You may need to take a walk or talk with someone. It may take a few minutes or it may take hours to feel balanced and calm enough to be able to have an effective conversation. In certain serious situations, such as potential divorce, it may take days or weeks to get a handle over your feelings and gain adequate perspective to have an effective conversation.

If you need time to feel in control before speaking to someone, but if that person wants to speak with you right then, it’s critical that you say that you need to calm down first and to do so. If you simply walk away to calm down, the other person may feel rejected, abandoned, or ignored and become angry, which is not helpful.

It’s better to give a time frame:
“I need some time to calm down. Let’s talk in five minutes/after dinner/tomorrow.”

If the other person says, “What do you mean? Let’s talk about it now,” just firmly say, “That’s not going to be productive. I need a minute/some time alone.” Stand firm and don’t be swayed.

Tone of voice

Tone of voice and body language are more important than words. Some research says that they account for 80% of what is communicated. They can convey positive intention, self-control, respect, and self-respect, which will make it easier for others to really listen to you. Or they can convey weakness, loss of control, and desperation, which can freak people out or put them on the defensive. Even if you are extremely angry, it is more powerful and effective to show self-control than to let your anger loose.

No judgment

Avoid negative judgment, name-calling, and expressing yourself in a way that makes the other person feel attacked. By keeping yourself from exaggerating or listing all the bad things the other person has ever done, you make it more likely that the other person will listen rather than take things personally and defend him- or herself.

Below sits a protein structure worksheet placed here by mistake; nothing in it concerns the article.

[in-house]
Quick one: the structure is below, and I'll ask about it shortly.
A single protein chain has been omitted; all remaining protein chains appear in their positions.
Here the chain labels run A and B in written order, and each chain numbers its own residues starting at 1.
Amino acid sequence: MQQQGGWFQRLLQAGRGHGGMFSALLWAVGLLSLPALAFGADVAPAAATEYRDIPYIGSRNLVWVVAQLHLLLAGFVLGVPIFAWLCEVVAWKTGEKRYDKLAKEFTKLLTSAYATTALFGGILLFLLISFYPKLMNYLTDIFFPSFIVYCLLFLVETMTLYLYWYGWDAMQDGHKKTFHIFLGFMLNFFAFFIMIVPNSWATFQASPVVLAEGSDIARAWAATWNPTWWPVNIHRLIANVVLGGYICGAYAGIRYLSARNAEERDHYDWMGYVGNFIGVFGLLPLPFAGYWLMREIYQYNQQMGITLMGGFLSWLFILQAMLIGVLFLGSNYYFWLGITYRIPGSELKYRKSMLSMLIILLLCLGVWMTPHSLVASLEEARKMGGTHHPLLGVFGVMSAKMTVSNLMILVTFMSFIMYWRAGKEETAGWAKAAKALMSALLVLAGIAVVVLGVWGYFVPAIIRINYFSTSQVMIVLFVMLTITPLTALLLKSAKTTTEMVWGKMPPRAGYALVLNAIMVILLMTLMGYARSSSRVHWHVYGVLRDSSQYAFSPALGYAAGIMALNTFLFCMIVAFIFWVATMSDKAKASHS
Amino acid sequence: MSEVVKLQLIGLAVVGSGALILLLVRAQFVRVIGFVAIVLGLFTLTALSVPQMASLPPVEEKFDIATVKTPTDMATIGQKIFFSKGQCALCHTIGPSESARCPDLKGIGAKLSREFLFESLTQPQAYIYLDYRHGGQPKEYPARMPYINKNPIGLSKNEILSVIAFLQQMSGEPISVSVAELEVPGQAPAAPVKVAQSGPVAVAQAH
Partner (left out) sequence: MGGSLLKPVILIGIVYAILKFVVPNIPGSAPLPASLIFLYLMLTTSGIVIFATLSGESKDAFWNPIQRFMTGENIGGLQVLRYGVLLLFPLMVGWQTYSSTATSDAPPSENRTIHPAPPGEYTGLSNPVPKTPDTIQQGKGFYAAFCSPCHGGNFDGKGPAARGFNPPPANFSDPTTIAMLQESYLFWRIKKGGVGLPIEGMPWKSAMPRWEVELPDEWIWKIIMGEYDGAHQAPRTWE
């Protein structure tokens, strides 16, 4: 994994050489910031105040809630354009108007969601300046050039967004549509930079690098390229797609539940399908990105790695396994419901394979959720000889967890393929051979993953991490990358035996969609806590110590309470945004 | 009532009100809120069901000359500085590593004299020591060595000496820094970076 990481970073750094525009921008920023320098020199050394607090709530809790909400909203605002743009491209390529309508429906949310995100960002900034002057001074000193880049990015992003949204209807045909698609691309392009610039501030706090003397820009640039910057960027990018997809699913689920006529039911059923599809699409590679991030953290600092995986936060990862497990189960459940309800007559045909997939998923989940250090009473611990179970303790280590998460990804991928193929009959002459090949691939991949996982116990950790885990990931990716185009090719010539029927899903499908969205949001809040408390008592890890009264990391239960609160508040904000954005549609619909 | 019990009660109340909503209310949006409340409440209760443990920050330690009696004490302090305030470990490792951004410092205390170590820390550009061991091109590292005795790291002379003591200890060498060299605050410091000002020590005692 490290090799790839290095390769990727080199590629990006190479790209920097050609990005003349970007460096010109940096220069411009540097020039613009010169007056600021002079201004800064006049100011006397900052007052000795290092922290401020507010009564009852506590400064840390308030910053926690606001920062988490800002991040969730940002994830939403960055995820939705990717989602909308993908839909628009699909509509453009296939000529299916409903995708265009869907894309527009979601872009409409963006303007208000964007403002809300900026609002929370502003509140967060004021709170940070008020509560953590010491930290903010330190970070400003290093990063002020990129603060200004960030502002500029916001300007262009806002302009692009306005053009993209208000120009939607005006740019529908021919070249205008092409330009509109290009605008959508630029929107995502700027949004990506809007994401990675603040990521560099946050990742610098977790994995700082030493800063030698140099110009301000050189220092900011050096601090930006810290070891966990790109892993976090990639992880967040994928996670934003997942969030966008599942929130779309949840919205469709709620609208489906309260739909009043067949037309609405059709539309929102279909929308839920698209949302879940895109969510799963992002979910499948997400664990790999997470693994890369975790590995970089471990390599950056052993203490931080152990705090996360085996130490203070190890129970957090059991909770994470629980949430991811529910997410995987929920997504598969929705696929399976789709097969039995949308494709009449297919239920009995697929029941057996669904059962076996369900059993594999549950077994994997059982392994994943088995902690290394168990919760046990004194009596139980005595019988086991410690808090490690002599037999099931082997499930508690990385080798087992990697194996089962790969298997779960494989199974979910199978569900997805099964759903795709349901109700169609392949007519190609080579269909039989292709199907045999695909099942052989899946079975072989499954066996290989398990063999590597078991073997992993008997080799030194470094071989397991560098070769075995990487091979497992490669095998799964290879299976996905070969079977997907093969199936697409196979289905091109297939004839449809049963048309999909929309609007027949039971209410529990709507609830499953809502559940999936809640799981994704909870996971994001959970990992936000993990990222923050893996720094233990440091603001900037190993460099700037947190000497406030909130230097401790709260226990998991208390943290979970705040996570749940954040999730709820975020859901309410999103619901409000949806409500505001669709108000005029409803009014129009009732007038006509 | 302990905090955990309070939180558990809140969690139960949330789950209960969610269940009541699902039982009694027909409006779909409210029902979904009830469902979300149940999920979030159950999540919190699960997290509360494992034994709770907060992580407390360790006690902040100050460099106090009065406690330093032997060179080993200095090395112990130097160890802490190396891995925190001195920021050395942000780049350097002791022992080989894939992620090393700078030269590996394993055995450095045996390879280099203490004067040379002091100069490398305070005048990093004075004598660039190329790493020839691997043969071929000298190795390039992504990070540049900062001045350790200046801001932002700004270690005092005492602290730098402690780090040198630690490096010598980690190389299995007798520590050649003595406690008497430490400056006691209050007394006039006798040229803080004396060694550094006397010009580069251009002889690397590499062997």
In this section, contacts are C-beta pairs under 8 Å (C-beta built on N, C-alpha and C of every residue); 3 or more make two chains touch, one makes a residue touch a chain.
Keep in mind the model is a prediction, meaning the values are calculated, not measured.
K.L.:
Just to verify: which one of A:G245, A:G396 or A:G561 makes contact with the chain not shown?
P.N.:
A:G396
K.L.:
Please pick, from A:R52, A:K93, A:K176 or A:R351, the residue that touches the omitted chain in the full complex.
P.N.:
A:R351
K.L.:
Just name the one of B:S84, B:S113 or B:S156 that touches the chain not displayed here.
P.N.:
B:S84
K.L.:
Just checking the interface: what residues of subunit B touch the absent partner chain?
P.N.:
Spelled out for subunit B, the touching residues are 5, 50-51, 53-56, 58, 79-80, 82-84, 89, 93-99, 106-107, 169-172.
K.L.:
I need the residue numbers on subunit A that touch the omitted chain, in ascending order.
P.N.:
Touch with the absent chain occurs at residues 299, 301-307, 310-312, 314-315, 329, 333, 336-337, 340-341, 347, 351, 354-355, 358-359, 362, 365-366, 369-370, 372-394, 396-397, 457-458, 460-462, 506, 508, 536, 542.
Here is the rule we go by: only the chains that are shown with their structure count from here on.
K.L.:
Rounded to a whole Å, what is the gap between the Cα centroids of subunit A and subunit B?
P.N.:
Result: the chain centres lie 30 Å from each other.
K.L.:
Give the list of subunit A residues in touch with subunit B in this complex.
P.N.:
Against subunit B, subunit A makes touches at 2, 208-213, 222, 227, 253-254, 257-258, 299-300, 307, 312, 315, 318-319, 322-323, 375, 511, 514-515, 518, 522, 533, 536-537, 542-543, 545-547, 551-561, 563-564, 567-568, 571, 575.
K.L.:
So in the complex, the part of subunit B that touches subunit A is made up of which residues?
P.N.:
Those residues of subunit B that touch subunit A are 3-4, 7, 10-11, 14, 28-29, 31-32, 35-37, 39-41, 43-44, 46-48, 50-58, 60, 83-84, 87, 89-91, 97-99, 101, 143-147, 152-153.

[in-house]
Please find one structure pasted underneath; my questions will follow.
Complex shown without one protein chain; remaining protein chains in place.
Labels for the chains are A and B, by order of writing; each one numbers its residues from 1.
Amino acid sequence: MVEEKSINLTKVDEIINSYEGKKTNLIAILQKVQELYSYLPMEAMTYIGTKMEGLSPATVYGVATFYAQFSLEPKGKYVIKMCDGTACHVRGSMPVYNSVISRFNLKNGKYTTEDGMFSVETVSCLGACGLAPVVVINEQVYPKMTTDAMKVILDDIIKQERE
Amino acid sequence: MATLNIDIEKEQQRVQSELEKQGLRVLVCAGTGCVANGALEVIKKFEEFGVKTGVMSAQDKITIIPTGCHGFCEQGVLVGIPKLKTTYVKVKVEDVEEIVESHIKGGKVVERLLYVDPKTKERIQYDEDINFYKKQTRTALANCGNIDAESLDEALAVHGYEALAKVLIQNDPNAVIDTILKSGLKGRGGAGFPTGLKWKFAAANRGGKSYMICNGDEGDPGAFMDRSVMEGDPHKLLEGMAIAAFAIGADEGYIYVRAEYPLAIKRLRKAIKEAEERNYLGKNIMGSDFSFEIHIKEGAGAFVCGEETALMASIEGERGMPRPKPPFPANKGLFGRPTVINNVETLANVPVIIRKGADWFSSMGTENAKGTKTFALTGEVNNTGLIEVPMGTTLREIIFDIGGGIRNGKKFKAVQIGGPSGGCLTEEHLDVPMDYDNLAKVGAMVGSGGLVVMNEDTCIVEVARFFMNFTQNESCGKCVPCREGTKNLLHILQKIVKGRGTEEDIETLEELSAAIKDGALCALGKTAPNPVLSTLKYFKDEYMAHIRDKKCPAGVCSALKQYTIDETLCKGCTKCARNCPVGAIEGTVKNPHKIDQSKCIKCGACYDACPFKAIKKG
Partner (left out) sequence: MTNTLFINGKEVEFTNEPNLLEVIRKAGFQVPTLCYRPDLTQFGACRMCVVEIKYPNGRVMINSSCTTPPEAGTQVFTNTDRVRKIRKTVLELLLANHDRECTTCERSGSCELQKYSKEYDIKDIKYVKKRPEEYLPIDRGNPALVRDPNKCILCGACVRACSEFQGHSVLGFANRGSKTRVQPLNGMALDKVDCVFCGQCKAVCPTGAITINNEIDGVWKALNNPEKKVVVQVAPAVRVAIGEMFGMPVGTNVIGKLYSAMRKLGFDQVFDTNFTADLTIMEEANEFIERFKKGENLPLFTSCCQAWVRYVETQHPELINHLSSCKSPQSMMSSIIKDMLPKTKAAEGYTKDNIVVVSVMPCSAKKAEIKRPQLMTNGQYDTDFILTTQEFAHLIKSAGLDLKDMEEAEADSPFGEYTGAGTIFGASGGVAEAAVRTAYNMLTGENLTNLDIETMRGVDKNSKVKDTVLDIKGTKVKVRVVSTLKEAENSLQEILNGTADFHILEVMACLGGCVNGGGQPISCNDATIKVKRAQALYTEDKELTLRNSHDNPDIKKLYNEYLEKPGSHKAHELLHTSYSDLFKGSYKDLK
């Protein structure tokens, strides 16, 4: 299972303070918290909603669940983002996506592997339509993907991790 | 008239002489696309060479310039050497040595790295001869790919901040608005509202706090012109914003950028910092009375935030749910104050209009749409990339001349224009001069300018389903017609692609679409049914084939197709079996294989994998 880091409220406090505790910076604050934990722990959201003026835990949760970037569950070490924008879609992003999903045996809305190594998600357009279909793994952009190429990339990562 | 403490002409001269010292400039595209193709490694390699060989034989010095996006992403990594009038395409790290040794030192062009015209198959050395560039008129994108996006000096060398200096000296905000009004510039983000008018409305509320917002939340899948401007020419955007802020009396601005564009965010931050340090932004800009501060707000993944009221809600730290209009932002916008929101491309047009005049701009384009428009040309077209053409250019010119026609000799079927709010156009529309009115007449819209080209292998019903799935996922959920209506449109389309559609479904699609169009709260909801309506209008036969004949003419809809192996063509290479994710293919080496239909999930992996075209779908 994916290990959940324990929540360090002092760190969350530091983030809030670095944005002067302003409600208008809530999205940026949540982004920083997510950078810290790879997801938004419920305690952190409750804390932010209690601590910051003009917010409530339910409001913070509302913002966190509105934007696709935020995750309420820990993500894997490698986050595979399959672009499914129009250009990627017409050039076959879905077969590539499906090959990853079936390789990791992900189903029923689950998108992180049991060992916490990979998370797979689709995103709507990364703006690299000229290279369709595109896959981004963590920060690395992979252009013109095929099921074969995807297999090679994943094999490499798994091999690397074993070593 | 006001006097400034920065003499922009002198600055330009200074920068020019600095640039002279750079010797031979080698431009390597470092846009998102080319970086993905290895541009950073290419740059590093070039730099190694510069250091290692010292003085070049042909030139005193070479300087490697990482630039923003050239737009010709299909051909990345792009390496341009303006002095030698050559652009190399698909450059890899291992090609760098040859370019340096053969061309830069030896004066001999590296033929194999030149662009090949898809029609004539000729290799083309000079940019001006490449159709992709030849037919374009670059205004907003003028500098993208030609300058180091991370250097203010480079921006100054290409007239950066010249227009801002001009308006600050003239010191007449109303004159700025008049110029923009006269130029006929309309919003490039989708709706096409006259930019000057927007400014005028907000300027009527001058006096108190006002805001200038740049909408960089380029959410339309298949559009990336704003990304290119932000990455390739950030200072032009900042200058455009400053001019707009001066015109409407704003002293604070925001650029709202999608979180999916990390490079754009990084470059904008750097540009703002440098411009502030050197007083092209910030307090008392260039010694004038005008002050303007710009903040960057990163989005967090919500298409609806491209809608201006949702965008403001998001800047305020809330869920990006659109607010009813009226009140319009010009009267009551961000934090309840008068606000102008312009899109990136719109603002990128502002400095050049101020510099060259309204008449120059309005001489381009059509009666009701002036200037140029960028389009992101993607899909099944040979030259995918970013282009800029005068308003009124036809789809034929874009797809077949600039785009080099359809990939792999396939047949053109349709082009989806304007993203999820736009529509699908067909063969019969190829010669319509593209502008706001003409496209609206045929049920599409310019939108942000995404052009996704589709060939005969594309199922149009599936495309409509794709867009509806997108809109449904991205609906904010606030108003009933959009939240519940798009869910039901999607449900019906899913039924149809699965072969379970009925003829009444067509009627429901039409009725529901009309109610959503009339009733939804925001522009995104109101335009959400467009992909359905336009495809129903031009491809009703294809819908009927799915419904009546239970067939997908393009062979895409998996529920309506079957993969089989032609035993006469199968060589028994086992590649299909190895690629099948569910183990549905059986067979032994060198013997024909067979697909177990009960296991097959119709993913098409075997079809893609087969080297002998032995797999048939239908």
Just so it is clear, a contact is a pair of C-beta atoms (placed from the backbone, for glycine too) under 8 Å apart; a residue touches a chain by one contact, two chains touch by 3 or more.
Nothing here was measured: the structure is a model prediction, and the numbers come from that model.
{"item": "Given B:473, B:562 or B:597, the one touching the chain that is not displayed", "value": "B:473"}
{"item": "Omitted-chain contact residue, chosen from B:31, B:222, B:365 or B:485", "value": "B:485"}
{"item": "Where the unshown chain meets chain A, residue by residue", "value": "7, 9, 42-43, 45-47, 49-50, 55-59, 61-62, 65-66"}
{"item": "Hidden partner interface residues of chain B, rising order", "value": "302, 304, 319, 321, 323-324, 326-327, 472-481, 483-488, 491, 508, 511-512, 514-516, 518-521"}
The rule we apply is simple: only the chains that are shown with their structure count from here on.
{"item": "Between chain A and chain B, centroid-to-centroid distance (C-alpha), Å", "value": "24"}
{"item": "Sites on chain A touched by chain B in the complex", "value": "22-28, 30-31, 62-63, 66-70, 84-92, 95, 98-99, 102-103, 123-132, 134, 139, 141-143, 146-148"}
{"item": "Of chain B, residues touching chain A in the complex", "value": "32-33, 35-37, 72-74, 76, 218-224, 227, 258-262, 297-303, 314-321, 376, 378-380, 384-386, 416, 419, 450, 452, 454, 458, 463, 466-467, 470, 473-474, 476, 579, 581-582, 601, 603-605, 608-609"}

You’ll have a more productive conversation if you say,  “I waited for 20 minutes,” than if you exclaim: “You drive me crazy the way you are always late. It’s so rude!”

Feelings

Some people tend to control others rather than simply state their own feelings because they don’t want to seem weak or self-oriented. Yet a direct declaration of one’s feelings is powerful, not weak. Rather than attacking the other person, state your own feelings: “I was worried.” “I felt angry.” “I’m disappointed.” “I was sad.” “I felt frustrated.” When you state a feeling, no one can reasonably argue with it.

Feelings are not judgments such as, “I feel that you are selfish.” That’s a negative judgment pretending to be a feeling.

It’s important not to become immersed in the feeling or identified with the feeling. If you’re sad, you can show a little sadness, but don’t fall apart. If you’re angry, don’t become ballistic. People who are able to express their emotions without being overwhelmed by them, garner more respect and empathy from others. They are also more capable of dealing effectively with the problems the feelings are signaling.

Desires and needs

Express what you desire, value, or need. “I would like more intimacy.” “I want a trusting relationship.” “I need support.” “I would like to have more time alone each day.” “I want to pursue my passions.”

Some people don’t like to express their needs because they don’t want to appear needy. Yet a direct declaration what you value and want is less manipulative than using blame or guilt trips. Such openness also supports the other person’s autonomy, allowing the other person to choose his or her actions freely.

Needs and desires are general, not tied to a particular person. For example, “I need you to love me more” should be replaced with “I want to be in a relationship with someone who loves me.”

No one can argue against your desires or needs even if they might not fulfill them.

Make a specific positive request

  • Specific: General requests such as “Support me” or “Clean your room” are not nearly as effective as a specific request such as “Would you help me pay the bills tonight?” or “Would you be willing to put your clothes lying on the floor there, inside your closet?”
  • Positive: Beware of saying something like “If you’d just get up off the couch and help around the house once in a while.” This reeks of hostile criticism.
  • Request: A request is not a threat or a demand. By making a request, you offer the other person the opportunity to do something nice for you. Rather than a scolding session, where everyone feels lousy, it can be a win-win situation, in which someone will likely help you and you will feel appreciative.

Transform the relationship

If you make repeated reasonable requests and another person repeatedly refuses to accommodate you, that is the other person’s prerogative. However, you should probably change your expectations of the other person and in some cases consider changing the scope of the relationship.

by Alison Poulsen, PhD

Read “Anger: ‘I have a right to be angry.’”

Watch “Expressing Anger Effectively.”

Read “Random Thoughts from So What I Really Meant.”